Home>Levelset Community>Legal Help>my contractor filed a case in small claims court against me for payment infull of an unfinished deck job. He received partial payment. He also filed for a mechanics lien on my property. He has now added cost of materials? which were never discussed as I purchased all material and another 1k to the total. Will small claims address the lien if he loses the case?
my contractor filed a case in small claims court against me for payment infull of an unfinished deck job. He received partial payment. He also filed for a mechanics lien on my property. He has now added cost of materials? which were never discussed as I purchased all material and another 1k to the total. Will small claims address the lien if he loses the case?
mechanics lien and small claims court case filed for incomplete payment for incomplete job. Will small claims address the lien on my property if I win the case?
Jul 25, 2019
I'm really sorry to hear about that. First and foremost - it's worth mentioning that mechanics lien rights are only available to the extent that the claimant has performed and has gone unpaid for that performance. So, as I'm sure you suspected, lien rights are not available for amounts not actually owed to the claimant - like for materials that were purchased directly by the owner. And, it's also worth noting that when a mechanics lien is filed for an amount greater than what's due, the lien claimant might even face liability themselves - particularly when the claimant knowingly inflated the amount of their claim. More on that here: (1) Don't File Fraudulent Liens; and (2) There's a Difference Between Fraud and an Honest Mistake. In eggregious cases, an owner might even be able to go after a lien claimant for slander of title.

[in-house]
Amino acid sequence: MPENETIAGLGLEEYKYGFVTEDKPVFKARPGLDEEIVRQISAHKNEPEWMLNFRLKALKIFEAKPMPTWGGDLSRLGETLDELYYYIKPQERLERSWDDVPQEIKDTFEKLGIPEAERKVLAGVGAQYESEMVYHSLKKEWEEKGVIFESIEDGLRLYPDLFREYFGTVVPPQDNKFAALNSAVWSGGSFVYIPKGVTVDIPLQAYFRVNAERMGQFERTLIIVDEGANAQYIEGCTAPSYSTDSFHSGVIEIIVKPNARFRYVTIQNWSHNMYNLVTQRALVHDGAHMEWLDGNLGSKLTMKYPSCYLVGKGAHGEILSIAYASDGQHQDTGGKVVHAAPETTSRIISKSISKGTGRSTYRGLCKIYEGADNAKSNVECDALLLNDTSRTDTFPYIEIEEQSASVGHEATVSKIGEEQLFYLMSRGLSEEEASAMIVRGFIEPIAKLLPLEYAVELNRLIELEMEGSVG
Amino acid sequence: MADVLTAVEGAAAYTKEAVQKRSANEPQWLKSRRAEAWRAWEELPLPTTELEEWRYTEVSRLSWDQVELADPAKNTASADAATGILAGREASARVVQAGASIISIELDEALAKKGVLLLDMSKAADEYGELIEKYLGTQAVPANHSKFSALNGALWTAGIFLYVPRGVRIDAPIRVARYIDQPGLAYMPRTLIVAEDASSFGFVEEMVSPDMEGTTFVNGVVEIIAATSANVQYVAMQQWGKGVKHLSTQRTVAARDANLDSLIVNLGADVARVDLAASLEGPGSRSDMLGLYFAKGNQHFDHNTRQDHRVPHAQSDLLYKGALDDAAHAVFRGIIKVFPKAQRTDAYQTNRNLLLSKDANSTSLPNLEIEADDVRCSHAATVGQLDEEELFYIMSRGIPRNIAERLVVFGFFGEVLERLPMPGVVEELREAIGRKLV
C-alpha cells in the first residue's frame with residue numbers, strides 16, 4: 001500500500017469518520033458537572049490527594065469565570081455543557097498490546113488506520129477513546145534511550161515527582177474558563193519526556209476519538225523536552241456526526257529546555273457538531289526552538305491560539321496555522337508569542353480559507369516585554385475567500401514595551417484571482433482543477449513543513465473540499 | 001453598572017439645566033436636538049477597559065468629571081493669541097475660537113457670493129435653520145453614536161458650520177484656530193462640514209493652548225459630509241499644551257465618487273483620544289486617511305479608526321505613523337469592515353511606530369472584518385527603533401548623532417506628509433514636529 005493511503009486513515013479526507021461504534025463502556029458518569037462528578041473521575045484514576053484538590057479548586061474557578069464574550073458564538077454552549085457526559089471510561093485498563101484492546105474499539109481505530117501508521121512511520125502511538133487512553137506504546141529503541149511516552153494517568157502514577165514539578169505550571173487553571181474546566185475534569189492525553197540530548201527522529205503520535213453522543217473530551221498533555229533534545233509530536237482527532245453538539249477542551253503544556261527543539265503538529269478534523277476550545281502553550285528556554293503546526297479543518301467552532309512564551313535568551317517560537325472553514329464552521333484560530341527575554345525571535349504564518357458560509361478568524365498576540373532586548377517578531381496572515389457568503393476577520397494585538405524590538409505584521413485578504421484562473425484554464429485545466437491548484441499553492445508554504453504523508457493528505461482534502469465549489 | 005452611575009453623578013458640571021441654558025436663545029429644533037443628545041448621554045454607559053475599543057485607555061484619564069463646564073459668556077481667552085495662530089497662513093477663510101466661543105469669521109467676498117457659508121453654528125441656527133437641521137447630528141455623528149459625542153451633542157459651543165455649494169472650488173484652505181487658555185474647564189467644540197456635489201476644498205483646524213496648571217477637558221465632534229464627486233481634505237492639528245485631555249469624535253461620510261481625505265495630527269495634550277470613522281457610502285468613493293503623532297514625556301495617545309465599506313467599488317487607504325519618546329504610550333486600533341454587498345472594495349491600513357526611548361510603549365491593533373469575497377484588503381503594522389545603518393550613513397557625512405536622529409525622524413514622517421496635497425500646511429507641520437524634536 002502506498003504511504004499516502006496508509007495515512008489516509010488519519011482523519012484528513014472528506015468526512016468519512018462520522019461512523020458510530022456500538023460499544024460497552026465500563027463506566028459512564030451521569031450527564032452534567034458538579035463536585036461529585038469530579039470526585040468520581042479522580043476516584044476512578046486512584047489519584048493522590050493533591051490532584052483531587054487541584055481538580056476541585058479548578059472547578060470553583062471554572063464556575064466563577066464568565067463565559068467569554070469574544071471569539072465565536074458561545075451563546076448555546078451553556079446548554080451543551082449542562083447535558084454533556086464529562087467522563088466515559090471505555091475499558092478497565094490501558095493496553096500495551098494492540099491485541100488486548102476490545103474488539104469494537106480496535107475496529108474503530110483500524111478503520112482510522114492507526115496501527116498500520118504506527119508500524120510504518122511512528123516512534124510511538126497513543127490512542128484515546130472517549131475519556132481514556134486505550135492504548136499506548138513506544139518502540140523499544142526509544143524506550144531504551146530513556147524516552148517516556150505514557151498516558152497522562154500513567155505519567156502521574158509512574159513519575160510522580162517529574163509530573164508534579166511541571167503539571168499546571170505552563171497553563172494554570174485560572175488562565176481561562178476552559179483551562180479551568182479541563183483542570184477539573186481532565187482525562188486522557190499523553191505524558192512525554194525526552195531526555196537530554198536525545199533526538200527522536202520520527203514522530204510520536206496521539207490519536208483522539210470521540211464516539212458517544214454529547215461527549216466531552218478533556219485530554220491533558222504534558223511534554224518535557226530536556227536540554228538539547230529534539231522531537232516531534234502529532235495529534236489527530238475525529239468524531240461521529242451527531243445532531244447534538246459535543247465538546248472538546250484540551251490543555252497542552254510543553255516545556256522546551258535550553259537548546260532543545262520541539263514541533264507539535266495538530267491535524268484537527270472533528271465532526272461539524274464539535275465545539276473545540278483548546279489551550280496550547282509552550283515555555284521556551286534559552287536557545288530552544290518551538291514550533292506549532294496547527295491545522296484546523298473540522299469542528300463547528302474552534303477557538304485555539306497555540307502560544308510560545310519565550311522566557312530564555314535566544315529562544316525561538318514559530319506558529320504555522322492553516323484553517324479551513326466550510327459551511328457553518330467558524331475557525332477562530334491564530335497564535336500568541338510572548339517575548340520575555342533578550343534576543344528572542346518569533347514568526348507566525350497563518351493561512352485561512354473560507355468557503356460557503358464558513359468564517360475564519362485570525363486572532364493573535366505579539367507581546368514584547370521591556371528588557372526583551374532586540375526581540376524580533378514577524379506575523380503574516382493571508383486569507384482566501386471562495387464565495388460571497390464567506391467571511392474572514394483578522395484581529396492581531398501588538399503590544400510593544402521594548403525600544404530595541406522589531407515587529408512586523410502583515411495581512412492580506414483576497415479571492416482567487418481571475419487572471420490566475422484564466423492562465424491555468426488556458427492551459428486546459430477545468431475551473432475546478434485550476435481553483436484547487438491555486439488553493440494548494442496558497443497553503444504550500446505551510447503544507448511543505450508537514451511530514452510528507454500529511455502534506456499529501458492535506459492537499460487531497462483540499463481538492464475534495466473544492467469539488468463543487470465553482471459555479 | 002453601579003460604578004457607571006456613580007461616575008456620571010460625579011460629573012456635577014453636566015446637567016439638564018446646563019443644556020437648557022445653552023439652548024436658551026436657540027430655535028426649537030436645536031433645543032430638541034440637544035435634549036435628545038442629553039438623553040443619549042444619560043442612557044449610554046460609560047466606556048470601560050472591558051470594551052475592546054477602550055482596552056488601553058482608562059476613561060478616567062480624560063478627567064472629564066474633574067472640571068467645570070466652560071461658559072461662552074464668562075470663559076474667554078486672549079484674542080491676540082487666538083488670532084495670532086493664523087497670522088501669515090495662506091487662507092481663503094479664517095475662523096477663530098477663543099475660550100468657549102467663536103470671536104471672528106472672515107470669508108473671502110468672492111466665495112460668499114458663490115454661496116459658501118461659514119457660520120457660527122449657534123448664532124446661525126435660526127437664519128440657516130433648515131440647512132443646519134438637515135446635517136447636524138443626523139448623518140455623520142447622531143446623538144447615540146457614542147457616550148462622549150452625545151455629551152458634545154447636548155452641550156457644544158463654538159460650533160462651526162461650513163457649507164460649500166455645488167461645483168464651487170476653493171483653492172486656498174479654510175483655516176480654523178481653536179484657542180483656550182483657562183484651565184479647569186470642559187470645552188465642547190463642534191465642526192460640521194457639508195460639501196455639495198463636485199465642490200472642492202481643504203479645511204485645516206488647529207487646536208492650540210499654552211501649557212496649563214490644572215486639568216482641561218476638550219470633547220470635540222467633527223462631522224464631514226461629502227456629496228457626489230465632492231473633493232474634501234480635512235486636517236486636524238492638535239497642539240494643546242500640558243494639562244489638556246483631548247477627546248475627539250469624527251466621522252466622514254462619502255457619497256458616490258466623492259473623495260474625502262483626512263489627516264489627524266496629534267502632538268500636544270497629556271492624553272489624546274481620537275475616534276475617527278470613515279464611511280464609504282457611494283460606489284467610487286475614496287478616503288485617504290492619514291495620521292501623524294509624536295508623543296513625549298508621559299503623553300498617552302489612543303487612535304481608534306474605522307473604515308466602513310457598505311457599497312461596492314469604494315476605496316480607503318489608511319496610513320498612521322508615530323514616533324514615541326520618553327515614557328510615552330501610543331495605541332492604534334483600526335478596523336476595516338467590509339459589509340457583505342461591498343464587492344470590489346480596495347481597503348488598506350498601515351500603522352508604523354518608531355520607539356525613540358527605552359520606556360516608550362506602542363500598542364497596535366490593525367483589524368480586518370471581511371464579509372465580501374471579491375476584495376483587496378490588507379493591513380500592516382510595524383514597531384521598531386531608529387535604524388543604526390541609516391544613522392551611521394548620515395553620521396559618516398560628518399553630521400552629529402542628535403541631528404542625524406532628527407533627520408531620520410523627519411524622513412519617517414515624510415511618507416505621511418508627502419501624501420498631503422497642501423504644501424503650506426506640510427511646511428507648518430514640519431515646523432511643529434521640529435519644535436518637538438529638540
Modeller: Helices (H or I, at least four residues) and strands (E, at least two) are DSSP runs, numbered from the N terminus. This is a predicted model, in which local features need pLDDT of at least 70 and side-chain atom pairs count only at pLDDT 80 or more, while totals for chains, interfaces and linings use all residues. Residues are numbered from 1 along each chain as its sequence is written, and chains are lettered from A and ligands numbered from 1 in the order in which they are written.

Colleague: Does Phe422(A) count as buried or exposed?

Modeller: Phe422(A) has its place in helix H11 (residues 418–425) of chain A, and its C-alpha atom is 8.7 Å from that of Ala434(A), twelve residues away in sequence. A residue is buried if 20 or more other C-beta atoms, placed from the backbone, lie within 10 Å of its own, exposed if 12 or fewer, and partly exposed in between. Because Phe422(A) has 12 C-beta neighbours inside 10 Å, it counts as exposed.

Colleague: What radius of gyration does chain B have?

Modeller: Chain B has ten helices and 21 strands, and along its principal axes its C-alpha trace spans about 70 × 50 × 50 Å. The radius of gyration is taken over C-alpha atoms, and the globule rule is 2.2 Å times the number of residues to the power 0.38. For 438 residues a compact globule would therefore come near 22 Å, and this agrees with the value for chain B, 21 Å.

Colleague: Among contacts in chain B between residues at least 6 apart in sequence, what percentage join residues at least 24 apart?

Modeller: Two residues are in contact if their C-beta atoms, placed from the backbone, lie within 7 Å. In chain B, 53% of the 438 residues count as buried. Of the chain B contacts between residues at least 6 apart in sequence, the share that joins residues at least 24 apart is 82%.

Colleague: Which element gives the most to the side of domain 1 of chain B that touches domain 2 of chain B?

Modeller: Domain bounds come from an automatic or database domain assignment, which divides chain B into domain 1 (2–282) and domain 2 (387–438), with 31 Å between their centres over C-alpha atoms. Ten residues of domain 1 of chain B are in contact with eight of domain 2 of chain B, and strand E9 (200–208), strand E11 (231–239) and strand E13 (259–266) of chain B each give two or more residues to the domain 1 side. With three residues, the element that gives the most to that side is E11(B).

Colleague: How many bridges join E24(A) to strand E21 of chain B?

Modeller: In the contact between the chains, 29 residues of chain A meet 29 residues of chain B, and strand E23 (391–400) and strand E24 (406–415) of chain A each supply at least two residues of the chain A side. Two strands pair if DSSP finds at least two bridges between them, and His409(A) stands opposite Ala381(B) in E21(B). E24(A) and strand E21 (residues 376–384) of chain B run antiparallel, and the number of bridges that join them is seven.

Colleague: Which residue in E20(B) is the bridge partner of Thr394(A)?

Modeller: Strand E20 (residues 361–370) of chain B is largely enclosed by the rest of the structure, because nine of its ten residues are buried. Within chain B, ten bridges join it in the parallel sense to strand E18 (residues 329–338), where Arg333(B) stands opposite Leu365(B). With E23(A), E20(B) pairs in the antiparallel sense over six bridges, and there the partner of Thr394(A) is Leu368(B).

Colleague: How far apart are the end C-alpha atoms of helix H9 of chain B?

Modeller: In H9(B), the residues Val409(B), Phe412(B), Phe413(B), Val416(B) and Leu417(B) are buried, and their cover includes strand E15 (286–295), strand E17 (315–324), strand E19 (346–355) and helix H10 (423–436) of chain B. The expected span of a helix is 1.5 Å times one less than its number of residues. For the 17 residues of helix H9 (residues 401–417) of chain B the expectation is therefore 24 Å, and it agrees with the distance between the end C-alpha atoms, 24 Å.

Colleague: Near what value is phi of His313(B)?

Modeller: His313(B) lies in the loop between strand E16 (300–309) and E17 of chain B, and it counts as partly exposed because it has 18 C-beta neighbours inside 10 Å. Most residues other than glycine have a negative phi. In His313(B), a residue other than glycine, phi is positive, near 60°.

As for the small claims court...
An owner winning a case against a contractor who has also filed a mechanics lien against the owner will not automatically discharge the filed mechanics lien. It might be worthwhile to try and bring up the issue of the mechanics lien in small claims court, but it would be unsurprising for a small claims court to refuse to hear an action regarding a filed lien. However, if an owner proves that they don't, in fact, owe anything to the contractor (or that they owe the contractor substantially less than what's alleged) - that would mean the underlying debt which gave rise to the mechanics lien would be eradicated or at least diminished. So, in essence - the lien won't disappear when a small claims suit is won, but the basis for the lien might. And, if successful, an owner should be able to parlay a small claims court victory into having a lien claimant release their lien.
Specifically, under § 1311.20 of the Ohio mechanics lien statute, a lienholder must release their lien claim within 30 days of losing a court action involving their lien claim. Winning an action against a contractor which does not involve the lien might not automatically entitle an owner to force the contractor to release their lien. However, when it's been shown that the debt is not owed, an owner should be able to challenge the filed lien relatively easily. And, considering the cost associated with battling a lien challenge, an owner might be able to convince their contractor to release their lien without further action in order to fully resolve the dispute without the need for further litigation. Or, if need be, the owner could file an action in court showing that they've proven the underlying debt to be untrue, and that the court should discharge the lien from the property.